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D. Descovich, M.-H. Roy-Gagnon, P. St-Onge, M. Lesk; Reproducibility of Pulsatile Ocular Measurements, IOP and Choroidal Blood Flow, and of Corneal Hysteresis. Invest. Ophthalmol. Vis. Sci. 2009;50(13):5866.
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© ARVO (1962-2015); The Authors (2016-present)
Pulsatile phenomena in the eye can be used to estimate ocular rigidity using the Freidenwald Equation. We studied the reproducibility of ocular IOP pulse amplitude (OPA) and of the pulsatility of choroidal blood flowmetry measurements. We also studied the reproducibility of a direct measure of corneal biomechanical properties, corneal hysteresis.
32 subjects (16 normals and 16 open angle glaucoma) had repeated measures one hour apart. OPA was determined with the Pascal Dynamic Contour Tonometer. Choroidal blood velocity (VEL), volume (VOL) and flow (FLO) were measured in the sub-foveolar choroid using single-point laser Doppler flowmetry (Oculix). The pulsatility of VEL, VOL and FLO was determined with automated software using, for example, the formula (systolic VEL- diastolic VEL) / systolic VEL. Corneal hysteresis was determined using the Reichert Ocular Response Analyser (ORA). For each parameter, we first examined reliability graphically using a scatter diagram and a Bland-Altman plot. We then calculated the intraclass correlation coefficient (ICC) with bootstrap 95% confidence interval (CI) as well as the coefficient of variability (CV).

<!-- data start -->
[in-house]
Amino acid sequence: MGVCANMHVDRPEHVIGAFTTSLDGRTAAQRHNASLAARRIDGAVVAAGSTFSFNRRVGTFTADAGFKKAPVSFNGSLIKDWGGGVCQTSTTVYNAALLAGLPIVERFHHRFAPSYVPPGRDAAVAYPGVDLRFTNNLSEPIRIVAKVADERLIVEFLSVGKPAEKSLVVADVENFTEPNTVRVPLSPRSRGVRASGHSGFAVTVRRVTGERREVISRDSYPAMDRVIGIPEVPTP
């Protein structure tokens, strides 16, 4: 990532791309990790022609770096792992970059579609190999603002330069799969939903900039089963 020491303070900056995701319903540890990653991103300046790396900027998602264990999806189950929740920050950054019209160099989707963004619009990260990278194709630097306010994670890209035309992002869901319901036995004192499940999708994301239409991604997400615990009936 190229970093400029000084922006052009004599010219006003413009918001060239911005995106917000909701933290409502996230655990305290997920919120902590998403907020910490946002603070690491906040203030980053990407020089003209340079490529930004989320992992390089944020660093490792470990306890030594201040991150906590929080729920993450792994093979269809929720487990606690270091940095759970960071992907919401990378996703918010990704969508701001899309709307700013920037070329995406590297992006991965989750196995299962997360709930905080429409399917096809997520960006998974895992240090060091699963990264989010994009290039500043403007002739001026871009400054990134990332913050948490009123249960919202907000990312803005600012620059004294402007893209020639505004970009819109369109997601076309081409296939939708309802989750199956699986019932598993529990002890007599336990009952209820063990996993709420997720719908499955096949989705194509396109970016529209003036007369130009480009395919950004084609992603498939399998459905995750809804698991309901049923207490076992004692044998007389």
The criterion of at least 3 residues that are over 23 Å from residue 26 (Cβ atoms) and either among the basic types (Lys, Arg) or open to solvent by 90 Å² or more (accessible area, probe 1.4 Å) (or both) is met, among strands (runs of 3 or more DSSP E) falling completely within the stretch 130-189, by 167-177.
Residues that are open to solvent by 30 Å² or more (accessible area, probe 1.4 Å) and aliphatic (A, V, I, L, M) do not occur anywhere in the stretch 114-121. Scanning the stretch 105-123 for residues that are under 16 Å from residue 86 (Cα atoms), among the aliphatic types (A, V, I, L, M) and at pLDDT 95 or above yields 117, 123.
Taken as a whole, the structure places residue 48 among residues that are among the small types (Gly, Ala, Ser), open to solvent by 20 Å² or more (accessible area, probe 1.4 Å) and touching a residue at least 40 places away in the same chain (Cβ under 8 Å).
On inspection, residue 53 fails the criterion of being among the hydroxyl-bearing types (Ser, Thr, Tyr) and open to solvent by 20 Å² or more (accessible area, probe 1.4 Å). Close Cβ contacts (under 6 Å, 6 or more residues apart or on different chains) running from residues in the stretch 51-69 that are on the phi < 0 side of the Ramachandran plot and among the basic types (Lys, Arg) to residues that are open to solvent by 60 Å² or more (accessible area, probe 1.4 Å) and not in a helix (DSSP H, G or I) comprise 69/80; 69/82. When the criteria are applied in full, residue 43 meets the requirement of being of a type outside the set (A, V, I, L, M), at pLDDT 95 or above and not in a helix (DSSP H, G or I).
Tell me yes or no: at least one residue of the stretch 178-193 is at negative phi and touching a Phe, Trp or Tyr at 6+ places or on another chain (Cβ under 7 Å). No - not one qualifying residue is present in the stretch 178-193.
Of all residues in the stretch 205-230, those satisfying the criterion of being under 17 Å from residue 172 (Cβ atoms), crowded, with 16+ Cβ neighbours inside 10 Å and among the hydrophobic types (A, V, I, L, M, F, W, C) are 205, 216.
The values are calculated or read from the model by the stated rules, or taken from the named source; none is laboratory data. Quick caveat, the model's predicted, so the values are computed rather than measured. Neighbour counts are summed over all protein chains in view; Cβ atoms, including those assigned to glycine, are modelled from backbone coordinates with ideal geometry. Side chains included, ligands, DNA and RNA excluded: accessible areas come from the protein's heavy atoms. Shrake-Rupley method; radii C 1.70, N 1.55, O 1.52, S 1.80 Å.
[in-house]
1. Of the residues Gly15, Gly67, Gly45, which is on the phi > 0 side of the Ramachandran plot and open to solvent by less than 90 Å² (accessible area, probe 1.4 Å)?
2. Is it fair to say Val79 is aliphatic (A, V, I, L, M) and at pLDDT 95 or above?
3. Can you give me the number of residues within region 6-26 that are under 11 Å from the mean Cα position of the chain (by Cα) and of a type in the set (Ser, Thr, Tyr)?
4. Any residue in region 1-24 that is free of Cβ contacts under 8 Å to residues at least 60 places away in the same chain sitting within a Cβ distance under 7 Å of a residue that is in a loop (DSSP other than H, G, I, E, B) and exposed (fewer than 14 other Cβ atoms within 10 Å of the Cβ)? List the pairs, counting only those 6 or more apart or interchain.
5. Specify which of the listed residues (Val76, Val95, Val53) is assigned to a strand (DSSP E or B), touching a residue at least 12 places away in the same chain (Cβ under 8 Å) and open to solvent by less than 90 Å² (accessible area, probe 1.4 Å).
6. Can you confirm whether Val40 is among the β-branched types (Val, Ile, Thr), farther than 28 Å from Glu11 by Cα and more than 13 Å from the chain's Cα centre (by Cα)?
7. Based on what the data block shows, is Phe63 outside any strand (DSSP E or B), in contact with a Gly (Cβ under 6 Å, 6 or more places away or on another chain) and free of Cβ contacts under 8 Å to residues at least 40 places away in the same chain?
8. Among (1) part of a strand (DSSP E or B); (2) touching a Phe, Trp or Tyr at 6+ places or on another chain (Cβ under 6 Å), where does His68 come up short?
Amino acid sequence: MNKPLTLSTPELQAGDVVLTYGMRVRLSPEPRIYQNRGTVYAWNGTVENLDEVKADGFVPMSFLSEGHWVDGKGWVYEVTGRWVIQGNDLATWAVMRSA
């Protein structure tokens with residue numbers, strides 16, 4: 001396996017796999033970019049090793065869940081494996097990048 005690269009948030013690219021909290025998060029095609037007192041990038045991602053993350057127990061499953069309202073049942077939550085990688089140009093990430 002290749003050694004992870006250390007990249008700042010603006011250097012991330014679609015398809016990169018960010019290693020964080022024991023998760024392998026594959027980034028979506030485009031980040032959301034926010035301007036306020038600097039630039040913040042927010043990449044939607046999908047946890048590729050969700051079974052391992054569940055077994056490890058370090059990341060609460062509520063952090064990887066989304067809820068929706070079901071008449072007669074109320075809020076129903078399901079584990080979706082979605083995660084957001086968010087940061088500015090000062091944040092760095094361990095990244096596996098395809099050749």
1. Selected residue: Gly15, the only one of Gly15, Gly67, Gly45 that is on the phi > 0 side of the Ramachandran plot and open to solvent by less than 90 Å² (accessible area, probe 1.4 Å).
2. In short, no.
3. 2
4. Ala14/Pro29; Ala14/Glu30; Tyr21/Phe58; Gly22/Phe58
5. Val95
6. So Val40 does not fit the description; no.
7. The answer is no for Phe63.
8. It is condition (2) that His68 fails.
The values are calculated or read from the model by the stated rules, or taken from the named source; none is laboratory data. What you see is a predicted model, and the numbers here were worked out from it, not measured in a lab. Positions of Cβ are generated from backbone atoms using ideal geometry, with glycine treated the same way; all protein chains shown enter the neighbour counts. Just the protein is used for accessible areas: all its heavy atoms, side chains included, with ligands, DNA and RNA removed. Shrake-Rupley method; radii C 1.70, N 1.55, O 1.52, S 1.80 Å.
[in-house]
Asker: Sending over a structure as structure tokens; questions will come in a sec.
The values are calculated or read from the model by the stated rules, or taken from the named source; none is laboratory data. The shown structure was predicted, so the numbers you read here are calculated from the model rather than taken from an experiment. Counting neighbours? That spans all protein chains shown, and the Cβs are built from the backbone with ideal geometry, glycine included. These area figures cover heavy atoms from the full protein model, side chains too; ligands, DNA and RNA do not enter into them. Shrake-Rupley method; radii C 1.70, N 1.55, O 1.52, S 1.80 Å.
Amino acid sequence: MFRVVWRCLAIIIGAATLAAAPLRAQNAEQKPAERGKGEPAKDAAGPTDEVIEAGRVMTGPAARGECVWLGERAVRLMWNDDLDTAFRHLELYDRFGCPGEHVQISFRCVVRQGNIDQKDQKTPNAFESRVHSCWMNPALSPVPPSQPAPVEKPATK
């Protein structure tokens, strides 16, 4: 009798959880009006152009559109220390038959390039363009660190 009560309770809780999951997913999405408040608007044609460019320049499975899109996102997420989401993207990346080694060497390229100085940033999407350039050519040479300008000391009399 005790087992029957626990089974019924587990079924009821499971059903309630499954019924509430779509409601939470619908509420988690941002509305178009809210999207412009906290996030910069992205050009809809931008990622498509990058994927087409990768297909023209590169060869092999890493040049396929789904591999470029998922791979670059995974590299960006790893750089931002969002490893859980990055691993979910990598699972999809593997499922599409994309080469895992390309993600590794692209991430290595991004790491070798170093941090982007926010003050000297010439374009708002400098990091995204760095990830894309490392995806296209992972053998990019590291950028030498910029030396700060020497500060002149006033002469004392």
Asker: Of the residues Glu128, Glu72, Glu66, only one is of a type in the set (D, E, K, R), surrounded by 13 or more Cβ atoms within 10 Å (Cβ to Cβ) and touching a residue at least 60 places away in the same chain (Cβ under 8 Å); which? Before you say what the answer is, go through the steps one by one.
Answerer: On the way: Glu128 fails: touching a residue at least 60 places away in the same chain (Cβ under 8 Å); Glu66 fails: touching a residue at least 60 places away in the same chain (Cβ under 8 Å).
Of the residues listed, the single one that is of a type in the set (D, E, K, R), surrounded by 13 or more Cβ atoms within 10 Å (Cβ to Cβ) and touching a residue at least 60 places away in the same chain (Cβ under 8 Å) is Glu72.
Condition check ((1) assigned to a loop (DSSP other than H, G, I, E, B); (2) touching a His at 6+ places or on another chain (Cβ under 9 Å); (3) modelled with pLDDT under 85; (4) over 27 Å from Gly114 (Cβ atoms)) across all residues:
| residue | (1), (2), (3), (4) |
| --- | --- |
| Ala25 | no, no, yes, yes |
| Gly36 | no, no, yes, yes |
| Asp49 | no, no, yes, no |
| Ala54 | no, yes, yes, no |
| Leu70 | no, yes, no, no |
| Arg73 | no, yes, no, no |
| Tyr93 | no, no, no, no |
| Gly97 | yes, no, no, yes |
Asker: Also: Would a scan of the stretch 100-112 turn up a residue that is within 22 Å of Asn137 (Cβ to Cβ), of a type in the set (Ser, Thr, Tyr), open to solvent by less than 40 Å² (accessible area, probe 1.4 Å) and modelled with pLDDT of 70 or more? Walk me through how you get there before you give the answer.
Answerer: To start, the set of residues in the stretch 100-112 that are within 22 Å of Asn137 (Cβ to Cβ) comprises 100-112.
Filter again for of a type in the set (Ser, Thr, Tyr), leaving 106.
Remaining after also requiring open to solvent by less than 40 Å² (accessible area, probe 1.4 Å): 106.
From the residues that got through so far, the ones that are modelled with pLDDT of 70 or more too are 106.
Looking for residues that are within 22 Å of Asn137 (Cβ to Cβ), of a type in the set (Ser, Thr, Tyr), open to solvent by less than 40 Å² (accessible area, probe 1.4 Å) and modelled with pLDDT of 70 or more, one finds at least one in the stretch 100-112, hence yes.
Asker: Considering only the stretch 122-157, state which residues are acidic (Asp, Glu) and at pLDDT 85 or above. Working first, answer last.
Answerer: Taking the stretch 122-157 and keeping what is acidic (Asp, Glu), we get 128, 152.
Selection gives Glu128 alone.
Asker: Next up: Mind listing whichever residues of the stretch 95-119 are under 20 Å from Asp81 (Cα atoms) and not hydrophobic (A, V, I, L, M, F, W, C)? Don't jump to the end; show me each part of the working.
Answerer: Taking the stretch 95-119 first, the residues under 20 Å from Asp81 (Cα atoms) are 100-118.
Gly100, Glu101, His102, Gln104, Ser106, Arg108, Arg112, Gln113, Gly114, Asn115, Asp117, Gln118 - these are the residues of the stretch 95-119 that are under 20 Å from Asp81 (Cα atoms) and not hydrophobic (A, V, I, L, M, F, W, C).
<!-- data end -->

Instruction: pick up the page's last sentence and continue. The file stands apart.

The ICC of OPA was 0.84 (95% CI: 0.73 - 0.92). The ICCs of the pulsatility of choroidal flowmetry were: VEL: 0.79 (0.65 - 0.88); VOL: -0.06 (-0.45 - 0.39); FLO: 0.80 (0.65 - 0.89). The ICC of CH was 0.81 (CI 0.60 - 0.91). CVs were between 6.5 and 10.6% for all parameters except VOL (20.6%).For comparison purposes, the ICC and CV for mean IOP as measured with the Pascal were 0.91 (0.84 - 0.95) and 3.3%, while they were 0.87 (0.73 - 0.94) and 5.4% for IOPg measured with the ORA.
For pulsatile choroidal flowmety, reproducibility was better for VEL and FLO than for VOL. OPA and CH had good reproducibility. These parameters can be used to develop new estimates of ocular biomechanical properties.
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